Do you know how to use your camera’s white balance feature? Surprisingly, it’s a setting that many photographers overlook when exploring their new cameras. If you’re one of those people, it’s definitely worth learning more about this helpful tool, and using it to enhance the look of your images.
Put simply, white balance settings can be adjusted in order to get the colors in your shot to look as accurate and realistic as you possibly can. Have you ever experienced an exceptionally vibrant sunset for example, then found yourself disappointed scrolling through shots that didn’t seem to do it justice? That’s the sort of problem your white balance settings can likely solve.
Depending on the source of light with which you’re working, digital photos can often display a blue, yellow or orange-ish looking hue overlay. Most photographers are familiar with the concept of color temperature, and that’s what causes this phenomenon. Florescent lighting for example adds a blue look, while incandescent adds that yellow glow. So no matter how stunning a certain scene may have looked in real life, this reality might get lost in technology as a result of color temperature, and your device might not always be able to effectively portray the true look.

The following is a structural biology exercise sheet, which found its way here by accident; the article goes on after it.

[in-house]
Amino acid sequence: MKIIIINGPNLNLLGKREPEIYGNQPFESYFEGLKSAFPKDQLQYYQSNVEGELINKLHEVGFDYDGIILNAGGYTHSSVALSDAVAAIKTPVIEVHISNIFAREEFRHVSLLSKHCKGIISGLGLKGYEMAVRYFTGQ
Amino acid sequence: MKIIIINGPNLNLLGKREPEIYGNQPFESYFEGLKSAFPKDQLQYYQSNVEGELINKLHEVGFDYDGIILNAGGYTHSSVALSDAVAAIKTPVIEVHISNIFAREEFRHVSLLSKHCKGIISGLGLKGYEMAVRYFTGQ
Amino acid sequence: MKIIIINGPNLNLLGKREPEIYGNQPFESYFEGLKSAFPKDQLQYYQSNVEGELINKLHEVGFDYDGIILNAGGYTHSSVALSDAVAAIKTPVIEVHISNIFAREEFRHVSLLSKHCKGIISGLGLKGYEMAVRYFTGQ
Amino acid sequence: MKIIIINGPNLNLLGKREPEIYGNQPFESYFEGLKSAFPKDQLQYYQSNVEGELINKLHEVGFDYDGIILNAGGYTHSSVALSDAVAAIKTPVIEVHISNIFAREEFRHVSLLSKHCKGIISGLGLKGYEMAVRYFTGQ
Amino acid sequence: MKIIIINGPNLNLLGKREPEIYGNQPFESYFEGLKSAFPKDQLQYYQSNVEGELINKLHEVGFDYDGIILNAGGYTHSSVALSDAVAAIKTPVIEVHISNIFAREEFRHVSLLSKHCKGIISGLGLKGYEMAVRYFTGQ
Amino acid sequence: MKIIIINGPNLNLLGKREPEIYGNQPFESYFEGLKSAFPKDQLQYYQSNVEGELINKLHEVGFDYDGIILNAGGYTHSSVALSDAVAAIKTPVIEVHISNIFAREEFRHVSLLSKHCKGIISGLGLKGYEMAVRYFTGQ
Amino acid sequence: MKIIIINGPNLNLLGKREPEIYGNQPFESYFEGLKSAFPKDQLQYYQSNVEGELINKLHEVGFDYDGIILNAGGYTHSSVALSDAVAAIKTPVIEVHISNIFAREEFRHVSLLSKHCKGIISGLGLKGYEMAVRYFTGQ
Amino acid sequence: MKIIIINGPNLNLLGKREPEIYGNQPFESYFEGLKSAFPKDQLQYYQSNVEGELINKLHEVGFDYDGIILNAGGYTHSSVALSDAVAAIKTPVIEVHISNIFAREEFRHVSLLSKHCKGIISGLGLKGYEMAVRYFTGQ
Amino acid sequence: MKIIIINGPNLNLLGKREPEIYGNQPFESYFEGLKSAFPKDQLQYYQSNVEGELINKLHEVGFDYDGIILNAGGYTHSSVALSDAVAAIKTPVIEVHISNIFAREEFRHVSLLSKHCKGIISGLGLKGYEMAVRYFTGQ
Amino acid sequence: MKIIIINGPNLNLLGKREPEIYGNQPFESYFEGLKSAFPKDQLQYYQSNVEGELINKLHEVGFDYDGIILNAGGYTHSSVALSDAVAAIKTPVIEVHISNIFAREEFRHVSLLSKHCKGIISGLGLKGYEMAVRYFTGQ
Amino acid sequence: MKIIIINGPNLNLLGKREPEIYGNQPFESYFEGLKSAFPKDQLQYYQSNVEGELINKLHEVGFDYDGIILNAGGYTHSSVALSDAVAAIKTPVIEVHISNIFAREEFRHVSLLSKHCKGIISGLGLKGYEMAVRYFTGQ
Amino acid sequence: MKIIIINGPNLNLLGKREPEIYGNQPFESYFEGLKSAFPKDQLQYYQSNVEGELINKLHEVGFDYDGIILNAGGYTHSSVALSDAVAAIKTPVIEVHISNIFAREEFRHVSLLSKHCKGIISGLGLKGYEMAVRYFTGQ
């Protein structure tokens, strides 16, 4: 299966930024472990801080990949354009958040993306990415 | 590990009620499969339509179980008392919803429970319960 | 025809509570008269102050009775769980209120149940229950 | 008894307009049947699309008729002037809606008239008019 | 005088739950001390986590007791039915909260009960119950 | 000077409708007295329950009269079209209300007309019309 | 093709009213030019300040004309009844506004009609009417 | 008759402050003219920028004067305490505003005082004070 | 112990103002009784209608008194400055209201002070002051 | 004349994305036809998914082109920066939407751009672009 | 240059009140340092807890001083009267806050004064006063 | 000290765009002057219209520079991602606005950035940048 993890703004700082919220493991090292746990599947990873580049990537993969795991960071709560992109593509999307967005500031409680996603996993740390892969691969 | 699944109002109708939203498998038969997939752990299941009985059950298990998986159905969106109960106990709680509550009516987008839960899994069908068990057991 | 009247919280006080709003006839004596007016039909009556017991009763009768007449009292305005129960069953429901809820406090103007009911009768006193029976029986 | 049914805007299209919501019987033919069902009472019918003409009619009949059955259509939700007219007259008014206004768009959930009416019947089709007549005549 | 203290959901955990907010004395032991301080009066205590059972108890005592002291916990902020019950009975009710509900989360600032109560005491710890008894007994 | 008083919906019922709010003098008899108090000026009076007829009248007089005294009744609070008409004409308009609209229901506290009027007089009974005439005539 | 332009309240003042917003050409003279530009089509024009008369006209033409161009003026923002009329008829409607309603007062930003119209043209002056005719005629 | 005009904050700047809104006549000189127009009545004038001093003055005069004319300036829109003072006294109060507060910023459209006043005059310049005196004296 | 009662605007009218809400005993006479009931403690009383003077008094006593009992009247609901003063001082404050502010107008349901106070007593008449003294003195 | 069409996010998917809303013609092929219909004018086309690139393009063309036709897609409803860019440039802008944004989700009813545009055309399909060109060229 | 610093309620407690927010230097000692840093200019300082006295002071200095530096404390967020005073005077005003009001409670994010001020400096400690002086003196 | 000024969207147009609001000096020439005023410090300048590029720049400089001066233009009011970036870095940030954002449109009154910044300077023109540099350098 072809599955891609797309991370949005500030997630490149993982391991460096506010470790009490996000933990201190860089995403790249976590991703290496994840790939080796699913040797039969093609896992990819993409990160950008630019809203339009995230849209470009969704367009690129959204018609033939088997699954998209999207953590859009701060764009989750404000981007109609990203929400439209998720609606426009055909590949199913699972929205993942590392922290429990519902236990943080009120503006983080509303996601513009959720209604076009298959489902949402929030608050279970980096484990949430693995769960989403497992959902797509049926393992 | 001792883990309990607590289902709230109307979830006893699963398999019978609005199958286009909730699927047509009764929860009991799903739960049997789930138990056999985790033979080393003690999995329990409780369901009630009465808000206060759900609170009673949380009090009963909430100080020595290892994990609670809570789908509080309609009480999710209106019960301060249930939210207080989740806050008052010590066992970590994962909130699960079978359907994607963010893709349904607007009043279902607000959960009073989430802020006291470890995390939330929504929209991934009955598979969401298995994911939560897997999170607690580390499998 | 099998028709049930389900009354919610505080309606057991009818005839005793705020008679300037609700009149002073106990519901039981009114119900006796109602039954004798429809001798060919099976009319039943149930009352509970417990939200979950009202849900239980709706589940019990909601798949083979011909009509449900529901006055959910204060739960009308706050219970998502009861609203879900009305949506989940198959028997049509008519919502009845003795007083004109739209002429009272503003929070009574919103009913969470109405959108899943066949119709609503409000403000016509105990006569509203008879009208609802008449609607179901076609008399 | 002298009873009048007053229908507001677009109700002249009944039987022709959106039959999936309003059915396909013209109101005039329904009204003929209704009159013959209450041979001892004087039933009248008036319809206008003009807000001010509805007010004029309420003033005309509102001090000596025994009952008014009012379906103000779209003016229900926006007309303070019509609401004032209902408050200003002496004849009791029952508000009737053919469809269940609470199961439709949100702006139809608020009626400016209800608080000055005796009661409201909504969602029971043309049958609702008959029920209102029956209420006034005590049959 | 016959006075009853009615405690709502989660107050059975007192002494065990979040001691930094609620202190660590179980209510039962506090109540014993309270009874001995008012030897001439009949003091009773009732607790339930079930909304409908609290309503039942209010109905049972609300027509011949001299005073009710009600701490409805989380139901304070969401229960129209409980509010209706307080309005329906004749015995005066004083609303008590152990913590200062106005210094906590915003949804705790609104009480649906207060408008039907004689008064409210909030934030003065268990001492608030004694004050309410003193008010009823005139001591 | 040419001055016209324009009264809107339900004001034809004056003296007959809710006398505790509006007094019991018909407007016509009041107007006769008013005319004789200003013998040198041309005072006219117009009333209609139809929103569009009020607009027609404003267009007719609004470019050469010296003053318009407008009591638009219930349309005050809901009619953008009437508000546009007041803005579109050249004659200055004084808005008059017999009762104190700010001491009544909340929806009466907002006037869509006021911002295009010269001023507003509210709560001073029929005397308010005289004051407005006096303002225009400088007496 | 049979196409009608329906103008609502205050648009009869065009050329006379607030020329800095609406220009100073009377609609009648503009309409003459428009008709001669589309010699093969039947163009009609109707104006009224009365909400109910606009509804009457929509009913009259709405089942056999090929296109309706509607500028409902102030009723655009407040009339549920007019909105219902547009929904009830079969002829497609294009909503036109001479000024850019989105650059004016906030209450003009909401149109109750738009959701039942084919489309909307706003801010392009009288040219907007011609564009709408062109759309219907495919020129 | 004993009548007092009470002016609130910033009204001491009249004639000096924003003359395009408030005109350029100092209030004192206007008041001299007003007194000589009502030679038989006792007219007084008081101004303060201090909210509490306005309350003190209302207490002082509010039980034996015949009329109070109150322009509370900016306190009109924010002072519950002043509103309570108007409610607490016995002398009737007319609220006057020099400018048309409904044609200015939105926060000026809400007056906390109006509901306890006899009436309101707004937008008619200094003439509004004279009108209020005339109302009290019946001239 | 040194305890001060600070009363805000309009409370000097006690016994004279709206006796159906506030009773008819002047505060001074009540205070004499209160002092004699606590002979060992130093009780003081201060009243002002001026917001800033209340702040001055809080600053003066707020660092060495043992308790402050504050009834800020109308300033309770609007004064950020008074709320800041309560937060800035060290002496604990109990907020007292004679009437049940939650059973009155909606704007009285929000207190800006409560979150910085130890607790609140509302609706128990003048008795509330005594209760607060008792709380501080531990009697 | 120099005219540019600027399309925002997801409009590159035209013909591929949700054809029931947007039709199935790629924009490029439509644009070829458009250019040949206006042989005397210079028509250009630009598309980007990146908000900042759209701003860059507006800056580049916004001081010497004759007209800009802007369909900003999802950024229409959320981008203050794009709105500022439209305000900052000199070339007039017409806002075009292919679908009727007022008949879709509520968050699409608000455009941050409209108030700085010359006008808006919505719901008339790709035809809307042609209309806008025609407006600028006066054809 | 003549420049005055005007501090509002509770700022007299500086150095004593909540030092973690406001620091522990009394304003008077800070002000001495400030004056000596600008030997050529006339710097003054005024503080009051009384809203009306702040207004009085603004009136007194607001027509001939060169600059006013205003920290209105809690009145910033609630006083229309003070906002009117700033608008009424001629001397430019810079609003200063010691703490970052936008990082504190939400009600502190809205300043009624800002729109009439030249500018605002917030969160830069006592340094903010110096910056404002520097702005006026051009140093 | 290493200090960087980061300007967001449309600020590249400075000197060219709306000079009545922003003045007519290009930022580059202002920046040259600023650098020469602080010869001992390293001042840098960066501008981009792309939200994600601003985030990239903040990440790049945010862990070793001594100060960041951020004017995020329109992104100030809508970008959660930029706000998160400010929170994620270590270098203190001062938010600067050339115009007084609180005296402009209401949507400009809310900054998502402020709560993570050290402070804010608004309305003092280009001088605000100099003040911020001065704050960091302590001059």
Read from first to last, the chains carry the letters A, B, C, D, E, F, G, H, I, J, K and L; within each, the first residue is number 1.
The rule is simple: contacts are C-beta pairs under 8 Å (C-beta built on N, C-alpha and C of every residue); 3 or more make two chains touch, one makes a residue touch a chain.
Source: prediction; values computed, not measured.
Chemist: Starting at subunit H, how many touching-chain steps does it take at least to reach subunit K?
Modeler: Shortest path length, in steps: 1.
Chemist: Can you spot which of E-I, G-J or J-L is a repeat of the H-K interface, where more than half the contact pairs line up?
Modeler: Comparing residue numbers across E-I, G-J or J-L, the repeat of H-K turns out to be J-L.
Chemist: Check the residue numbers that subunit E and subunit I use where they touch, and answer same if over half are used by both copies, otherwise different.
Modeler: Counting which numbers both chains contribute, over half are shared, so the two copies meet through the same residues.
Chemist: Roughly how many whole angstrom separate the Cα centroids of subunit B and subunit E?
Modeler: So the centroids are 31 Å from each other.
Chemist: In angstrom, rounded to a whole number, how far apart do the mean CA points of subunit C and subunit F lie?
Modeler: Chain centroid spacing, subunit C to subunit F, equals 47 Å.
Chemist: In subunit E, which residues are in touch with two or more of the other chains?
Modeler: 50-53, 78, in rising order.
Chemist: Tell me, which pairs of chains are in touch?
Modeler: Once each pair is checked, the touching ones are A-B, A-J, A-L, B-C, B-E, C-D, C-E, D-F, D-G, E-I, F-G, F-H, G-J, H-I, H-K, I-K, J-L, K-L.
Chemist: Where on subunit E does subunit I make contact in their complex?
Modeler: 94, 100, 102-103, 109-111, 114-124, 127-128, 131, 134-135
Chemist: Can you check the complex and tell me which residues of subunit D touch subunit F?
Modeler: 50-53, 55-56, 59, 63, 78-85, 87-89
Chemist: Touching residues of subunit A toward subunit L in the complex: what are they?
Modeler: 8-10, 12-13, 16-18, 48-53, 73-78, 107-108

On most cameras, you can find an auto white balance setting. If you work using this tool, your device will automatically make its best guess as far as adjusting internally to accommodate lighting temperature and will try its best to capture the most lifelike looking shot. In most situations, this is a great tool to use and your device’s internal decision-making processes are generally super helpful and accurate.
Beyond that, you could try Tungsten, a setting usually represented by a little bulb symbol on your camera. This setting works best for indoor shoots, especially if the room you’re in has incandescent bulb lighting, because it cools down the colors that would otherwise appear too warm in your image.
On the contrary, if you’re working with fluorescent lighting as your source, consider switching into Fluorescent mode. It will compensate in the opposite direction, warming up hues that may otherwise look blueish or washed.